When I was on the chocolate wagon, one of my favorite guilty pleasures was to eat the chocolate variety in secret, while pretend to be a pastry purist that only dined on the most homemade and delectable treats made by grandma's recipes or European Pastry Artisans. I'm a fraud. A poor, lazy, and sexy fraud.

When you eat these cupcakes, you must peel off the sticky, lardy icing and eat it first. Why? Because if you're going to eat something so bad for you, then at least eat the best part case you have a heart attack before getting to the cake-part of the cupcake. Then, if you're still without chest pains, eat the cake part by pulling the cupcake in half and poking at the cream-filling. Why? Because if you're going to eat something that's made for children and truck should make it last.

Once you're finished, that sense of overwhelming guilt is normal and it is followed by a mild tooth pain and nausea. Just roll with it, because you'll forget all about it in a month, when you're standing in line at the gas station and you see these beauties once more.
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Monday, April 11, 2011

PO Box 346

I was walking to the Post Office this morning, and I noticed not one...but TWO individuals with air conditioners ablaze. Really?

From what I heard, because I was trapped in the candle shoppe all day yesterday, it was an especially warm day (considering that two days before everyone was wearing sweaters and boots). The indication of warm weather was inside the mall as the tramp-wear was out in full force. Today, though, it can't be more than seventy-two degrees outside and the breeze is blowing nicely. With ceiling fans, open windows and doors, it's actually quite comfortable and pleasant.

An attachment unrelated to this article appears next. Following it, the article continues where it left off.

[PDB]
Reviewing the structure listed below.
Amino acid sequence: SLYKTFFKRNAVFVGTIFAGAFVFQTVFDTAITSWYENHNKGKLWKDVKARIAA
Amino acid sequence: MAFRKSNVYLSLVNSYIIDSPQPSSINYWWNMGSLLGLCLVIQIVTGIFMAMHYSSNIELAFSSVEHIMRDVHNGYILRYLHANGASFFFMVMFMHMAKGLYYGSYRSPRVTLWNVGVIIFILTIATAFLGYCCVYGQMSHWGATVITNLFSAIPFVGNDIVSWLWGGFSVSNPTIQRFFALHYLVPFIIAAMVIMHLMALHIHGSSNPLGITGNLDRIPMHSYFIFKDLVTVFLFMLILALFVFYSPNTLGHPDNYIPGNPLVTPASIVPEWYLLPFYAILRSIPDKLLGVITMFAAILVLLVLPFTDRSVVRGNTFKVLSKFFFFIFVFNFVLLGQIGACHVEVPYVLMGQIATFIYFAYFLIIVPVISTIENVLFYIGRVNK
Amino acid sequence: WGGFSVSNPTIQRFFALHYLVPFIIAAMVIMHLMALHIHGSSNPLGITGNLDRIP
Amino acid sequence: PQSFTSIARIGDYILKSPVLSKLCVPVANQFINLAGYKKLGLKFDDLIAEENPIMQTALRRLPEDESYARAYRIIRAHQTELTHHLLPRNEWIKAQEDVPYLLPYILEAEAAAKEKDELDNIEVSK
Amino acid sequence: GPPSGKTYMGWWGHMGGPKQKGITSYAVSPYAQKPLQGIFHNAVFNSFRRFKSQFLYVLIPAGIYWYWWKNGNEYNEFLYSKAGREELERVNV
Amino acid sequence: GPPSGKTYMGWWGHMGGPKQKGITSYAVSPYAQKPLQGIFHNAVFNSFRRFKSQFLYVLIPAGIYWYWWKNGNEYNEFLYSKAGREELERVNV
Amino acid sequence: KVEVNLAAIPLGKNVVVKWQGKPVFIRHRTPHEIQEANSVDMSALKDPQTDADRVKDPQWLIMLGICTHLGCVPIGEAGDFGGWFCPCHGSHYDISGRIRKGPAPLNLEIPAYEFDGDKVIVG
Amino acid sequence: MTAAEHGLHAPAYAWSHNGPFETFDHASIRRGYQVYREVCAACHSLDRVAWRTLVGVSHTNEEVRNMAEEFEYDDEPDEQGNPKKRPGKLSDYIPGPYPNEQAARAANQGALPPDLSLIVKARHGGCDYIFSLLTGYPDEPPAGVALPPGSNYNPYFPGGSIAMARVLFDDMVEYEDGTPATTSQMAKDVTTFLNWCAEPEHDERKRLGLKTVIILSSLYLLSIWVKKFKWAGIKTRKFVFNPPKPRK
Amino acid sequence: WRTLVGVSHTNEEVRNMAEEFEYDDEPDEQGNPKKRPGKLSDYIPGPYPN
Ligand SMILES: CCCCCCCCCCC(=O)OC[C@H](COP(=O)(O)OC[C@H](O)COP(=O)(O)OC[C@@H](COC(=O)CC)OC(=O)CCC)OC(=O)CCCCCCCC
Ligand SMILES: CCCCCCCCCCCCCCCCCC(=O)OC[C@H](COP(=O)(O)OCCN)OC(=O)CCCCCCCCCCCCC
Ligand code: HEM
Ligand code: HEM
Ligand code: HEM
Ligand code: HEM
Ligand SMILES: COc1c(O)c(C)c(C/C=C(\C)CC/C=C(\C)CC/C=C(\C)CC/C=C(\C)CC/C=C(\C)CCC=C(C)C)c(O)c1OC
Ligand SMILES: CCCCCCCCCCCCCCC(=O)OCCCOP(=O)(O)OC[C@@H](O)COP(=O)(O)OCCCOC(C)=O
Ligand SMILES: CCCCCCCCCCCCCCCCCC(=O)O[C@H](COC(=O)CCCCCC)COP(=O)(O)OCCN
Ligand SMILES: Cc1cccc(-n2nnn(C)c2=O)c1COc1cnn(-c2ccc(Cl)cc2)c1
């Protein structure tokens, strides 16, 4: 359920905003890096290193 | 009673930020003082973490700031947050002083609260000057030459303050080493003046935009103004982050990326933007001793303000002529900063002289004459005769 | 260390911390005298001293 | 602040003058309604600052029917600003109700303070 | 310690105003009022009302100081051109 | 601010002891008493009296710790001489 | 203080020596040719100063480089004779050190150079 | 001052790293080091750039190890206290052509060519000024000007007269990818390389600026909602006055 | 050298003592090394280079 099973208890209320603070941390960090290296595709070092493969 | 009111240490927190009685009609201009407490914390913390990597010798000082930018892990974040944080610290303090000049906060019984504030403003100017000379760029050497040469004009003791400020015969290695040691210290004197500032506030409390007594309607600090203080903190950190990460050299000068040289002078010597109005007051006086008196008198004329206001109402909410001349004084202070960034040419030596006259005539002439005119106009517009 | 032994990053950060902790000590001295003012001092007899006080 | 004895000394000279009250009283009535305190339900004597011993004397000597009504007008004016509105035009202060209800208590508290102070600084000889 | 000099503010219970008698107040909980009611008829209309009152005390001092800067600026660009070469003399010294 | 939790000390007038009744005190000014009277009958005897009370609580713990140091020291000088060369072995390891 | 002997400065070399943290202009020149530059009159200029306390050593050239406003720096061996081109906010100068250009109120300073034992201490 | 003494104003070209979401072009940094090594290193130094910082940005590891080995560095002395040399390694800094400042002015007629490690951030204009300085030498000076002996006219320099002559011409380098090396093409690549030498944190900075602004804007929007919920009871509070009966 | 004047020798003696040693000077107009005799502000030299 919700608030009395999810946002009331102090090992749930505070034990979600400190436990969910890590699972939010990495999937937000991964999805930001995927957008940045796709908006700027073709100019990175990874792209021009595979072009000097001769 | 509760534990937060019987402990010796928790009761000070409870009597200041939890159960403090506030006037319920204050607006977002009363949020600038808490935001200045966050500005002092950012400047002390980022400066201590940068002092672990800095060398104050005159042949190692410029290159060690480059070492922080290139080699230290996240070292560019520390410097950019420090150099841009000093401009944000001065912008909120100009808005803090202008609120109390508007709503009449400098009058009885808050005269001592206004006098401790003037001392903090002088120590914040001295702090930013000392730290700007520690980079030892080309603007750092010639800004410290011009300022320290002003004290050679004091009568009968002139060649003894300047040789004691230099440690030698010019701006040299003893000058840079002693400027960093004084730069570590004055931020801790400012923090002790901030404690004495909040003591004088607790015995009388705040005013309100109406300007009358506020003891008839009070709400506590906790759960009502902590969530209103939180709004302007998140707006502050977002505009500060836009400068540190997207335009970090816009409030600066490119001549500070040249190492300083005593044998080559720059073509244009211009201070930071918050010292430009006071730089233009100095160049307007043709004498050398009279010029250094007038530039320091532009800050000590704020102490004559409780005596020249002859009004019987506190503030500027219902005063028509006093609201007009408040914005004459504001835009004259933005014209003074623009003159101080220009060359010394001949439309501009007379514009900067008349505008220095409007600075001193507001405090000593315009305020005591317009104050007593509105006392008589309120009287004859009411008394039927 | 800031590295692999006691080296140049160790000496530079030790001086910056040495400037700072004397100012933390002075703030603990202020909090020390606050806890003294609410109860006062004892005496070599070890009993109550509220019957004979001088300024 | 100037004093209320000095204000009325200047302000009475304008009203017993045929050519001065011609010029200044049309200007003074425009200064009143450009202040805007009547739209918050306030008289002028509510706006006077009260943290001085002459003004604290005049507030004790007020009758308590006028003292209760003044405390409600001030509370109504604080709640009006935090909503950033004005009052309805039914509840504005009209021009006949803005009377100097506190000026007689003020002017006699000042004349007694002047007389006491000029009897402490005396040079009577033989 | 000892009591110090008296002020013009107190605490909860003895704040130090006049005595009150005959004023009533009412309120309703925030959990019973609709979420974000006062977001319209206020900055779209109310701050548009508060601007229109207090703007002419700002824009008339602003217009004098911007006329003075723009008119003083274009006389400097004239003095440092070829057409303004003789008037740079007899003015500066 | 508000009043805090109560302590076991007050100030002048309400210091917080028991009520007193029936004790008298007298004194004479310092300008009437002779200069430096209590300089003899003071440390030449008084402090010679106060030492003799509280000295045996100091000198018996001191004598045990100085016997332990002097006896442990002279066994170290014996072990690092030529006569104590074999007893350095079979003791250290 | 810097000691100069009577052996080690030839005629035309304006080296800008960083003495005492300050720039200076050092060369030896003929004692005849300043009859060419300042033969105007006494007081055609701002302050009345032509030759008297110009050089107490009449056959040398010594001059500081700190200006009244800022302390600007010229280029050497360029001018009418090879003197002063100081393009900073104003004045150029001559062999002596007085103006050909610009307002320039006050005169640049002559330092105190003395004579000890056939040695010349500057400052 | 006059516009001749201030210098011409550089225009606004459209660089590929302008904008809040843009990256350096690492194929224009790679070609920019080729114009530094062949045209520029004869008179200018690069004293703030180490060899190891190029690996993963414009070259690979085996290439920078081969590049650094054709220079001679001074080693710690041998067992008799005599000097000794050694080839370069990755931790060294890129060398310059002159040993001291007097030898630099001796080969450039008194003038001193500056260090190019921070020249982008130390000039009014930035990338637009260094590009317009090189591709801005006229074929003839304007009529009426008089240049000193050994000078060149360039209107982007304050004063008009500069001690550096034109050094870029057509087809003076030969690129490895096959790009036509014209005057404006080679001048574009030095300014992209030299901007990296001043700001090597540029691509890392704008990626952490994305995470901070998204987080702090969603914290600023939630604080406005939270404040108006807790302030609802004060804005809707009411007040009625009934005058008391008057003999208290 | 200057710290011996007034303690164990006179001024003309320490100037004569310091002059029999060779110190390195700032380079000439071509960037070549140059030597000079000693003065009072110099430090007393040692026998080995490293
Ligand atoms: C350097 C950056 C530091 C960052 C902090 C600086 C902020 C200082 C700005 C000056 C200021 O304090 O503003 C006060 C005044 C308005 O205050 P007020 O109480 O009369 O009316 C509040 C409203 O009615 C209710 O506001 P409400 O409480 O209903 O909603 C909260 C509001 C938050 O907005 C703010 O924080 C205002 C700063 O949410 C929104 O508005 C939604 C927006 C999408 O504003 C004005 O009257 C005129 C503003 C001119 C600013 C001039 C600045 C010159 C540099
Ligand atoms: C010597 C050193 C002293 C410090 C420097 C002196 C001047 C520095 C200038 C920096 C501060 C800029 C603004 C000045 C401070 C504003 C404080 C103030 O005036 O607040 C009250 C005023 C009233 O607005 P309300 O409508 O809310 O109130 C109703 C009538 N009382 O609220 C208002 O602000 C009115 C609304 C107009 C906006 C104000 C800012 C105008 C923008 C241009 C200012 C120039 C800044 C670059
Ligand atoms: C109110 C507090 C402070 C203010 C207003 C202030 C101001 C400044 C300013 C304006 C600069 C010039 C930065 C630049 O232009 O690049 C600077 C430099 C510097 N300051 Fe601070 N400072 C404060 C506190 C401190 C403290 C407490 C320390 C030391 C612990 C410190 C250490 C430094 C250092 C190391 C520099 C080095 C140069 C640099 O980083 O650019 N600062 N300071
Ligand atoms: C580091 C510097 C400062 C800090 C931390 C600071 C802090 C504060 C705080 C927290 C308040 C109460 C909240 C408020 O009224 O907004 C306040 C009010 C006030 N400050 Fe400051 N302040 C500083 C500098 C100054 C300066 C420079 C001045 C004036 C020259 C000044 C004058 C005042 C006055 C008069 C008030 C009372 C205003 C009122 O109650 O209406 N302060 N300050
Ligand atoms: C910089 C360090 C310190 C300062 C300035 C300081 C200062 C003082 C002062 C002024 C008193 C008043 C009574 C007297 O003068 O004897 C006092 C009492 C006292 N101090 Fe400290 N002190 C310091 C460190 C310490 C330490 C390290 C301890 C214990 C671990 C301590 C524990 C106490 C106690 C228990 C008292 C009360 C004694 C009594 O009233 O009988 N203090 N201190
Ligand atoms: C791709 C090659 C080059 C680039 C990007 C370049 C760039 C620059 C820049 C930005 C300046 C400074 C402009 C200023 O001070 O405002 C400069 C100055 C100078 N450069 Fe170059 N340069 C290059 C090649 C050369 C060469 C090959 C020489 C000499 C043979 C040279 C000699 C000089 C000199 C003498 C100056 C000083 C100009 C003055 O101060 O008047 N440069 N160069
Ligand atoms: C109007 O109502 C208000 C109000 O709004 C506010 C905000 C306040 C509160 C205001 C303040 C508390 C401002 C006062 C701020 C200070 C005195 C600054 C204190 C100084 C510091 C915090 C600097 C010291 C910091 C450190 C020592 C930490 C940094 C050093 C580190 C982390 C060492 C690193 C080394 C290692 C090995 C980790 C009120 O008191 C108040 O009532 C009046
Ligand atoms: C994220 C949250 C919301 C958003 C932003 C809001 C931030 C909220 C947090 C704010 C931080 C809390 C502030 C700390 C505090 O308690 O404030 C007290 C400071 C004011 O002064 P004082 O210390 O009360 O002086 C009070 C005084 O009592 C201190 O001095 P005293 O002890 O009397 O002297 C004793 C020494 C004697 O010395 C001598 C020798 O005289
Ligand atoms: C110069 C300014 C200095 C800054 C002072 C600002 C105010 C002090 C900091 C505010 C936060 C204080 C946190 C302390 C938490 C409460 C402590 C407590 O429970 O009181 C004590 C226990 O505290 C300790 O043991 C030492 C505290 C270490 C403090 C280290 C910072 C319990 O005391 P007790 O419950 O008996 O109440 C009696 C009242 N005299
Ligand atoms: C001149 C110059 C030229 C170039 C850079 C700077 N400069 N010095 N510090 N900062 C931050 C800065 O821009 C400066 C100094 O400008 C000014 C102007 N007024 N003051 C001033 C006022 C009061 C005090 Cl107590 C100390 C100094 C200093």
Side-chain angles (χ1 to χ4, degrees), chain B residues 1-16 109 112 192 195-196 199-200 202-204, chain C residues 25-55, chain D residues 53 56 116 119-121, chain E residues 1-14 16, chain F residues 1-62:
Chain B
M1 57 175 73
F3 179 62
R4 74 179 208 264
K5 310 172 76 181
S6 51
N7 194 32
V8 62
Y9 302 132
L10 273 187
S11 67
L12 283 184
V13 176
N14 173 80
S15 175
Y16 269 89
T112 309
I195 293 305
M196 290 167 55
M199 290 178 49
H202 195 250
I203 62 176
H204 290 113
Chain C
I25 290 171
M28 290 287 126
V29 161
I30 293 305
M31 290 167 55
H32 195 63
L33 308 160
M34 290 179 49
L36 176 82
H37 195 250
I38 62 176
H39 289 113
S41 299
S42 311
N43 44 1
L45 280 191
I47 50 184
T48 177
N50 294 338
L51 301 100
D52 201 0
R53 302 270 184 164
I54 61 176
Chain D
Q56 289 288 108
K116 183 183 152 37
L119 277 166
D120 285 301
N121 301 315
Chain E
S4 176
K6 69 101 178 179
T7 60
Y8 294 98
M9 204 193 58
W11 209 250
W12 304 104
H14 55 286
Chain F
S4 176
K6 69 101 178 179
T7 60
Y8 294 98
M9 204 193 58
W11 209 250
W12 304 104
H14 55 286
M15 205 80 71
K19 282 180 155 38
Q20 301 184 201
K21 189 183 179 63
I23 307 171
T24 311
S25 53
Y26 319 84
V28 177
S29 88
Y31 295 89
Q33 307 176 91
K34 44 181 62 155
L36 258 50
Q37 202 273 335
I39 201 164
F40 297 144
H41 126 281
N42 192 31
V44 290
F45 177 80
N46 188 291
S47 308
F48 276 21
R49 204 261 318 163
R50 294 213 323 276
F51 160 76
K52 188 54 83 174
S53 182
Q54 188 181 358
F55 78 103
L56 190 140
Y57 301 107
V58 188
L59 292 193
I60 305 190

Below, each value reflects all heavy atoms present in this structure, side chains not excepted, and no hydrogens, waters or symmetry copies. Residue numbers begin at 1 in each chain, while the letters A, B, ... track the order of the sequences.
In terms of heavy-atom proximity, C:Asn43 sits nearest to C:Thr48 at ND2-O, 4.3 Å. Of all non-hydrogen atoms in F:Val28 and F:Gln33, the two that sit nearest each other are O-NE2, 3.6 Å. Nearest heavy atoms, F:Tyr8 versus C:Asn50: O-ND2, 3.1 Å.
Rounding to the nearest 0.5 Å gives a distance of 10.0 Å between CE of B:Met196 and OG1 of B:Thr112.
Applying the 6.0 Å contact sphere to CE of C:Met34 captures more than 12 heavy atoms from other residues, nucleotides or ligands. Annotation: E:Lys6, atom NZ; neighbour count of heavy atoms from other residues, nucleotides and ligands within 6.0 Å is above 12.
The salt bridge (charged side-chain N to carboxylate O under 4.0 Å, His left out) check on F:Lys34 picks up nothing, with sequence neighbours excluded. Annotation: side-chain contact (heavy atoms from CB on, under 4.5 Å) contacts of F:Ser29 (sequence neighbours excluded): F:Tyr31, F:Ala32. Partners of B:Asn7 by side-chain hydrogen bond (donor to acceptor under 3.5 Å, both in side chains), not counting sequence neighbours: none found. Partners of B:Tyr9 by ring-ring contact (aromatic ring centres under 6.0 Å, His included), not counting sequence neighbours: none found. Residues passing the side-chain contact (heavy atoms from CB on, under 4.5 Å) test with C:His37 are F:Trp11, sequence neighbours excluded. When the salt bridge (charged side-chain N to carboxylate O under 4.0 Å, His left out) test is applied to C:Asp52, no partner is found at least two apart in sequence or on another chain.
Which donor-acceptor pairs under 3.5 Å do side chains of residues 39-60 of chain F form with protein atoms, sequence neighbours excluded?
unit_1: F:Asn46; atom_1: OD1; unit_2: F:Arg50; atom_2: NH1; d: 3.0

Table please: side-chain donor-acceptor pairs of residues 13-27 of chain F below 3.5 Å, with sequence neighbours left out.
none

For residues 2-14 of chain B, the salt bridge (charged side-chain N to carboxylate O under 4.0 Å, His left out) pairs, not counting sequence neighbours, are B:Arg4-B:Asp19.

An air conditioner? Now? It is my personal mission this year to do my best not to use air conditioning all summer. It is an expensive electricity waster (waster?) that recycles dirty and air spits it back out into my lungs. Rant over.

Because it's such a nice day, I started arranging the pots for the balcony garden, and I've decided that I definitely need more. I should be more concerned about the porch completely ripping off the house, but I'm throwing caution to achieve a completely retro garden.

I've started looking up different retro plants that are coming back in fashion, and I found this interesting article/video featuring my gardening crush: P. Allen Smith.

He's probably gay and into crazy latex-bondage, but his gardening persona is totally attractive, and he seems like the kind of guy that I could call up with my personal gardening problems and he would come over and help me out. That is, if he's not in the middle of whipping a gimp his personal dungeon.

Anyway, I have this idea of planting all of the things that were popular in the fifties and sixties, including but not limited to, zinnias, marigolds, and coleus. My grandmother always planted marigolds as a means to ward off a lot of unwanted garden pests, but I really enjoy the variety of oranges, yellows and reds these flowers can be found in, and also their completely full blooms.

More than just the flowers, I'm also a big fan of weird gardening tschotskes and windchimes. I really enjoy found objects that are broken or unidentifiable that serve no actual purpose, other than to take up space and make my dad say something like, "What the hell are you doing with that thing? It's just SITTING there!" ha.

In this photo:

1. An Old Vase that a wayward pigeon got stuck in last year and my neighbor rescued.
2. An old lamp harp in the vase. This really ticked my Dad off, so it definitely stays.
3. That metal thing that was Dustin's but I have no idea what it is.
4. The cat's old scratching-post that they completely lost interest in and turned to all of my furniture for their scratching needs instead.

I'm also gaining a bit of a windchime obsession that I'm sure really enchants my neighbors.

These are from a really awesome trip to The Palace of Gold in Wheeling, WV, where we spent an afternoon with the Hari Krishnas.

Although I'm sure it's nothing more than a really tacky souvenir, it's a nice reminder of something that Dustin and I did together that most couples don't do, because they're really busy spending their Saturday nights at the mall, annoying the flying fuck out of me.